Financial Supply Chain: Mitigating Risk for Financial Institutions

The global economic downturn and subsequent contraction of available credit has required banks and trade finance companies to step up efforts to cope with the huge demand for supply chain finance. By extending and expanding their traditional role, these institutions have partnered with logistic companies, buying entities and suppliers to provide new levels of risk mitigation, working capital analysis and creative finance options in order to build their clients cash reserves and shore up bottom lines.

Even despite the welcome signs that the global economy is slowly dragging itself out of recession, the use of supply chain financing will continue. However, as refinancing costs are expected to increase, the refinancing spread will also increase in line with the risk driven component of overall refinancing costs.

Based on our discussions with financial institutions the world over, there has never been a better time for companies to address some of the larger issues of financial management – and turn to technology to introduce innovative programmes that will improve working capital management. This can be done by reducing operating costs and streamlining processes to further ease the constricting effects of credit tightening.

Electronic Billing

A good example of a most effective way to improve cash flow is to increase the level of electronic billing (e-billing) – regardless of whether the customer base is consumer or business. Electronic transactions result in more predictable cash flow and broader acceptance of direct debit options by consumers and businesses. Such benefits can be achieved from focused promotions that highlight the end-to-end efficiency gains.

A component of e-billing is electronic invoicing (e-invoicing). About 35% of all invoices are sent electronically. The remainder are received as paper and processed manually at a cost estimated to be in excess of US$50 per invoice (versus less than US$3 for fully automated processing).

Again, in addition to significantly reducing processing costs, e-invoicing results in greater predictability to cash. It sounds simple on the surface, but here’s the rub: building the primary ingredient for supply chain efficiency and liquidity, an electronic invoice presentment and payment solution demands a relatively large financial commitment and time to plan and implement.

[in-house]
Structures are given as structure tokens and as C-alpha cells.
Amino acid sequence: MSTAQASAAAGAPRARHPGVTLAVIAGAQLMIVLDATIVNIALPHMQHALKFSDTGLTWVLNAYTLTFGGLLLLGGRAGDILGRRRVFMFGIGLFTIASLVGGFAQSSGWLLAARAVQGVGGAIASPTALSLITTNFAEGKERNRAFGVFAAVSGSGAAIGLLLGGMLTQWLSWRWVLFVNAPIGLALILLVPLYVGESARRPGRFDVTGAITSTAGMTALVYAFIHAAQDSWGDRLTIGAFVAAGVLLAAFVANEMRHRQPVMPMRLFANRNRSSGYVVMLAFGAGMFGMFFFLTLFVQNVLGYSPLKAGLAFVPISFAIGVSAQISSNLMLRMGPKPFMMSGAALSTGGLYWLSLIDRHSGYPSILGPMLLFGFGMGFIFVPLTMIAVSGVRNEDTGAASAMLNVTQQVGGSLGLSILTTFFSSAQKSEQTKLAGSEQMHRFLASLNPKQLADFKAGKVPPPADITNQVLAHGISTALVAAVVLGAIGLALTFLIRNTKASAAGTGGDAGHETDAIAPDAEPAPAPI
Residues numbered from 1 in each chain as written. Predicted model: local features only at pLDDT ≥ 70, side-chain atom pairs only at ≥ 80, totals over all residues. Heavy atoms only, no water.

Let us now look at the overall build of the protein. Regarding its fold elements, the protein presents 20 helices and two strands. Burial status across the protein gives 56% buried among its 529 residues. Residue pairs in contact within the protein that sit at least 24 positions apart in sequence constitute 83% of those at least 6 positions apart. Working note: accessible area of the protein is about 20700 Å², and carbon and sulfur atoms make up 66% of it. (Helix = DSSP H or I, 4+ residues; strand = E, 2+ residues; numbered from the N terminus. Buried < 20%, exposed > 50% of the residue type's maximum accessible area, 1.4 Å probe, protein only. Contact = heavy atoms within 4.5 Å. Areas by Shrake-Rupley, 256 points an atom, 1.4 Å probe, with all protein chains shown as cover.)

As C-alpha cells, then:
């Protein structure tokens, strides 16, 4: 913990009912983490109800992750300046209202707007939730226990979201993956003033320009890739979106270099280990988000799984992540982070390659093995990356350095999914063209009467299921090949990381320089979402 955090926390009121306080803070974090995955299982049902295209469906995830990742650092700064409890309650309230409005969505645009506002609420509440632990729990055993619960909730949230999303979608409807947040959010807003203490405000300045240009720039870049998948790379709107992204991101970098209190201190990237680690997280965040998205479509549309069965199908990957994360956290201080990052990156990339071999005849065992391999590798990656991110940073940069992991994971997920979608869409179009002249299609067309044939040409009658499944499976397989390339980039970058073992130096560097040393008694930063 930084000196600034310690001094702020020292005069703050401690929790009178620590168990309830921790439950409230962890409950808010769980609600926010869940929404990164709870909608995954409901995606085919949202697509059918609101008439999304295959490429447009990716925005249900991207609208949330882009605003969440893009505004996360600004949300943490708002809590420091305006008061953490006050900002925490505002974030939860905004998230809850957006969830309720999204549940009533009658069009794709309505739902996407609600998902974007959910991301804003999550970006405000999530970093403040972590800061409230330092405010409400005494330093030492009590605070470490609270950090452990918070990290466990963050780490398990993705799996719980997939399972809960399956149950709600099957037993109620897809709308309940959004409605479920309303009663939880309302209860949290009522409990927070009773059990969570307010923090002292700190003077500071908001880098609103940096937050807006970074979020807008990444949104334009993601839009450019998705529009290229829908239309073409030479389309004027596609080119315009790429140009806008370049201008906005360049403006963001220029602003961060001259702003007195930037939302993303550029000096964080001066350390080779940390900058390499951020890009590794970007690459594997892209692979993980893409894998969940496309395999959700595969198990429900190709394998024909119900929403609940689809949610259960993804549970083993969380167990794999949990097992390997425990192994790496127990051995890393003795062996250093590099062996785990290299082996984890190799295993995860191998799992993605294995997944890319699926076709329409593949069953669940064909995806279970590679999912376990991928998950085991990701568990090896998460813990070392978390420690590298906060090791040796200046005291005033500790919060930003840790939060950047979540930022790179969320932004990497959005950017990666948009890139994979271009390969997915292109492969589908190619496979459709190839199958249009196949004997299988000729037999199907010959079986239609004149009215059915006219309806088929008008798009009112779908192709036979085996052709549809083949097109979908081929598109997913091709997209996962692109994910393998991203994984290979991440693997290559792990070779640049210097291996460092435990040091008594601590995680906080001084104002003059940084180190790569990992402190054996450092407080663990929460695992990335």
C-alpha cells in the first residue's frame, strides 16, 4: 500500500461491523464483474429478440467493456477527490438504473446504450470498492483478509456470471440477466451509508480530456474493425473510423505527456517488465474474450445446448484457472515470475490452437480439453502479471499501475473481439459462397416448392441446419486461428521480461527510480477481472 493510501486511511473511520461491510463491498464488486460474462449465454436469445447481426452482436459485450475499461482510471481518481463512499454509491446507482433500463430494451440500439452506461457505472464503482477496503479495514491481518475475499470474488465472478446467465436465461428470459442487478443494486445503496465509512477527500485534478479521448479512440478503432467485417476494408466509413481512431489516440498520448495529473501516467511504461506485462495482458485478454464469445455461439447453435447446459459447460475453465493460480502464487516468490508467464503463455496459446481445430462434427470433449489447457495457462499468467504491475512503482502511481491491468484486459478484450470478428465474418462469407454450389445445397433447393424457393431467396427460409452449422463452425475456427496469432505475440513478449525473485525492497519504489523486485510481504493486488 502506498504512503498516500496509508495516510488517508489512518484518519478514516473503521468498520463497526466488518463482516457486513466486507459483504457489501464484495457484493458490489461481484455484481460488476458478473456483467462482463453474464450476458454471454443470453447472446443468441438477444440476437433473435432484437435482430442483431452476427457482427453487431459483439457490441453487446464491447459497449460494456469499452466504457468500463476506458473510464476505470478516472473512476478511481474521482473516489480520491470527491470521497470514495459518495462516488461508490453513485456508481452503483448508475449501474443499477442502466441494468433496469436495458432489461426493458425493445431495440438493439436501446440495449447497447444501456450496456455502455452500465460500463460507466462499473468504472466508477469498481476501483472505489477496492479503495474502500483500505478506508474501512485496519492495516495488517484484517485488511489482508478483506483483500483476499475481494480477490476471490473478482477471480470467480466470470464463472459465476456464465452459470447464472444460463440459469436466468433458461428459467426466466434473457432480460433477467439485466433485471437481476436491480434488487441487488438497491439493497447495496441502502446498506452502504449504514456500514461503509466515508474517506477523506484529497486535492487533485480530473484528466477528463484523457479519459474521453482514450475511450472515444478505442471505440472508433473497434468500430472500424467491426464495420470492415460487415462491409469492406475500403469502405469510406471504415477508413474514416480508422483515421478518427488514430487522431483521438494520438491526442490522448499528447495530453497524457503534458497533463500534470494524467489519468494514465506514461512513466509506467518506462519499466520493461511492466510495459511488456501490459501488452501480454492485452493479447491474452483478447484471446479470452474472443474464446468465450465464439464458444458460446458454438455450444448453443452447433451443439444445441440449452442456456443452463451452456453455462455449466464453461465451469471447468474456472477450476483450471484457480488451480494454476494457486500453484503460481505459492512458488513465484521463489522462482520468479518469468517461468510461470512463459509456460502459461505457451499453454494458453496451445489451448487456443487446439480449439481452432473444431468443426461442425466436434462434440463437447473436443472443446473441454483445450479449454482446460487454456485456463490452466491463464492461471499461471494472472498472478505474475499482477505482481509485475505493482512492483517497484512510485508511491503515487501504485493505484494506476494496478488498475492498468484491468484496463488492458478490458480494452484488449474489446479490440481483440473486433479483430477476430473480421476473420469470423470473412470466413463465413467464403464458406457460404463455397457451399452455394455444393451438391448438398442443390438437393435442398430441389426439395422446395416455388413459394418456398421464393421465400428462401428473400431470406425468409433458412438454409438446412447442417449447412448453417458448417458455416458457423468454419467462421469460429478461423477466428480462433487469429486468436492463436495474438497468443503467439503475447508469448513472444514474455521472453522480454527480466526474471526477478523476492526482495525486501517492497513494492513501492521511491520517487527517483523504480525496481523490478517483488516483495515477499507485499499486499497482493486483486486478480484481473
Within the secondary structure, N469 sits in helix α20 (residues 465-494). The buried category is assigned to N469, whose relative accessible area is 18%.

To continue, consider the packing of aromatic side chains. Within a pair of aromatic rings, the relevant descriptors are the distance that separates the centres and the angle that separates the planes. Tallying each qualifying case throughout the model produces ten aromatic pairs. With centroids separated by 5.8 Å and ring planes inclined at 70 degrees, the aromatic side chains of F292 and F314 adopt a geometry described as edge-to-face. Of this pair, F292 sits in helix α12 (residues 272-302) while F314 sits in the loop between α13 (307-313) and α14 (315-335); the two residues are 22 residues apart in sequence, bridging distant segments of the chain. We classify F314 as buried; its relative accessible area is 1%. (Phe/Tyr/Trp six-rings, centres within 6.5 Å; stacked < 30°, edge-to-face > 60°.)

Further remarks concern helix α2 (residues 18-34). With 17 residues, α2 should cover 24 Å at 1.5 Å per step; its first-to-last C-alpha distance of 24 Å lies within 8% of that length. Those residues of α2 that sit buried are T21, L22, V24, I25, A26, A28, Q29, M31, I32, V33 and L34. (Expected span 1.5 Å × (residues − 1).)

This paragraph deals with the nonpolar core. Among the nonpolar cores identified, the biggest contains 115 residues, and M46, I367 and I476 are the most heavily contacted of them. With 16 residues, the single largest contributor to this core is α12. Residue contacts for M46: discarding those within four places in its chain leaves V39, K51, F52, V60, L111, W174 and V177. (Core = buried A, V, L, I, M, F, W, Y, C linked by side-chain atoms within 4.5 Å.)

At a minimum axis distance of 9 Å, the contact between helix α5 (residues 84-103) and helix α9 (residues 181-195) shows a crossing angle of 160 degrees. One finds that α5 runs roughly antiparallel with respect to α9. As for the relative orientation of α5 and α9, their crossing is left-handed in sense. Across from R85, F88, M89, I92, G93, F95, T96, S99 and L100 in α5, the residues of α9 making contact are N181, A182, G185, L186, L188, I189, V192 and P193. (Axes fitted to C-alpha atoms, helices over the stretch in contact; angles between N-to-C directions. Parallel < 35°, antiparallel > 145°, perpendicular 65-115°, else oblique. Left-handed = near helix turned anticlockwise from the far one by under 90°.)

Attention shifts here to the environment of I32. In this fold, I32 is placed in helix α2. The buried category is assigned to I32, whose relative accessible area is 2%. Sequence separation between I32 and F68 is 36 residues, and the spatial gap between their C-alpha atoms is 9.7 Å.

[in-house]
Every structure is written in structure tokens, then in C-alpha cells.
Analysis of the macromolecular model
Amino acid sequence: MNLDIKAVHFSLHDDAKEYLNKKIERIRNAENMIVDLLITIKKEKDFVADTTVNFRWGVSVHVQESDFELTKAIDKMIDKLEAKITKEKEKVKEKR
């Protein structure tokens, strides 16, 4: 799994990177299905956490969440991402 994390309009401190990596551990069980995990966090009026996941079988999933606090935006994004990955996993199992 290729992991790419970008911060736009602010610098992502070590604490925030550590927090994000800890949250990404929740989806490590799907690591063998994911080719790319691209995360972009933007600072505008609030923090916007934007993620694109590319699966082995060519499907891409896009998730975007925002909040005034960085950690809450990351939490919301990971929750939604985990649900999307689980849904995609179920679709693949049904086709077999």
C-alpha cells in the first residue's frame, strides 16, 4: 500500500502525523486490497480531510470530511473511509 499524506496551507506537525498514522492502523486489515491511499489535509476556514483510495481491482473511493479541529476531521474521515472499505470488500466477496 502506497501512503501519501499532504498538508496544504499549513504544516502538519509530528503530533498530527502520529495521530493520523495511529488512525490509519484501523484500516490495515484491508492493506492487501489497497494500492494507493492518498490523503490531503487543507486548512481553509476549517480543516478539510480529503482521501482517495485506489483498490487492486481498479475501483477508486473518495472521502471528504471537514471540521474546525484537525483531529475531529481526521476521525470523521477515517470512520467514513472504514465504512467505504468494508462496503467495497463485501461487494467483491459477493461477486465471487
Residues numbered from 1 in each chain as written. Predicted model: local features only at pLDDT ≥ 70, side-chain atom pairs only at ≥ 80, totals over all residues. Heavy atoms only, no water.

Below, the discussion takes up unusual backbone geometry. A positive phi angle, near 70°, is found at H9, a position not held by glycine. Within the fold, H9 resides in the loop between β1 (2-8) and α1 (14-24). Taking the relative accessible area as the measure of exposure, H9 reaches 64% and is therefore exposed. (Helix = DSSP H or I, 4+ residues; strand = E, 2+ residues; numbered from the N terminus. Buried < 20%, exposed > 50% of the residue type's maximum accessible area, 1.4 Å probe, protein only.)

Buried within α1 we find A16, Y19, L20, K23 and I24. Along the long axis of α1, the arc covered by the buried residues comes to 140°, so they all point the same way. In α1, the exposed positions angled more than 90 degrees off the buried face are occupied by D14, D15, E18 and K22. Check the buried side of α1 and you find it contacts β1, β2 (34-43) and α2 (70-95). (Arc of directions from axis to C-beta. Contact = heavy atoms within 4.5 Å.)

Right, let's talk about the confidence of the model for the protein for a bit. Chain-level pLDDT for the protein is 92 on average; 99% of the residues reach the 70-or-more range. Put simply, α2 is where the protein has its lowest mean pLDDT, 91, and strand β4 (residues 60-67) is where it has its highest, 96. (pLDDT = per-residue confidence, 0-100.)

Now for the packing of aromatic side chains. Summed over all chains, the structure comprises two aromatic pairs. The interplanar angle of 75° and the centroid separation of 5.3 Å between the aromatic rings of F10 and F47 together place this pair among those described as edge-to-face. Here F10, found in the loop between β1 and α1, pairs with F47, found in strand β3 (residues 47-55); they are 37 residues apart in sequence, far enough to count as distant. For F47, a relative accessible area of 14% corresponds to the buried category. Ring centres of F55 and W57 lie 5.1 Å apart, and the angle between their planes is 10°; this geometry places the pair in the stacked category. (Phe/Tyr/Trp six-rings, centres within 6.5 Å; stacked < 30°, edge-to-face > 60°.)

The implementation is also not complete until the solution integrates with an organisation’s existing systems to automate planning and reconciliation processes throughout the organisation. What can technology do in the meantime? What steps are being taken to leverage technology to enable banks, financial institutions, logistic companies, buying entities and suppliers to work more closely together to mitigate risk, improve cash visibility and improve cost efficiency now?

Europe

The EU’s new single euro payment area (SEPA) Direct Debit (SDD) scheme will make it easier to bill and collect funds electronically in Europe. The extended reference field will, in a small way, aid with reconciliation processes, but further extension of the character reference field will be required over time to achieve additional benefits from the scheme. The expanding use of remittance data in transactions is moving ahead and this will have a significant impact for all participants on the entire financial supply chain.

A corporate today is able to send and receive payments that include key remittance data such as an invoice number. This is far from the ultimate solution between trading partners, but being able to connect a payment to its underlying invoice will reduce the amount of internal and external research needed for full reconciliation. This will, in turn, reduce processing costs.

North America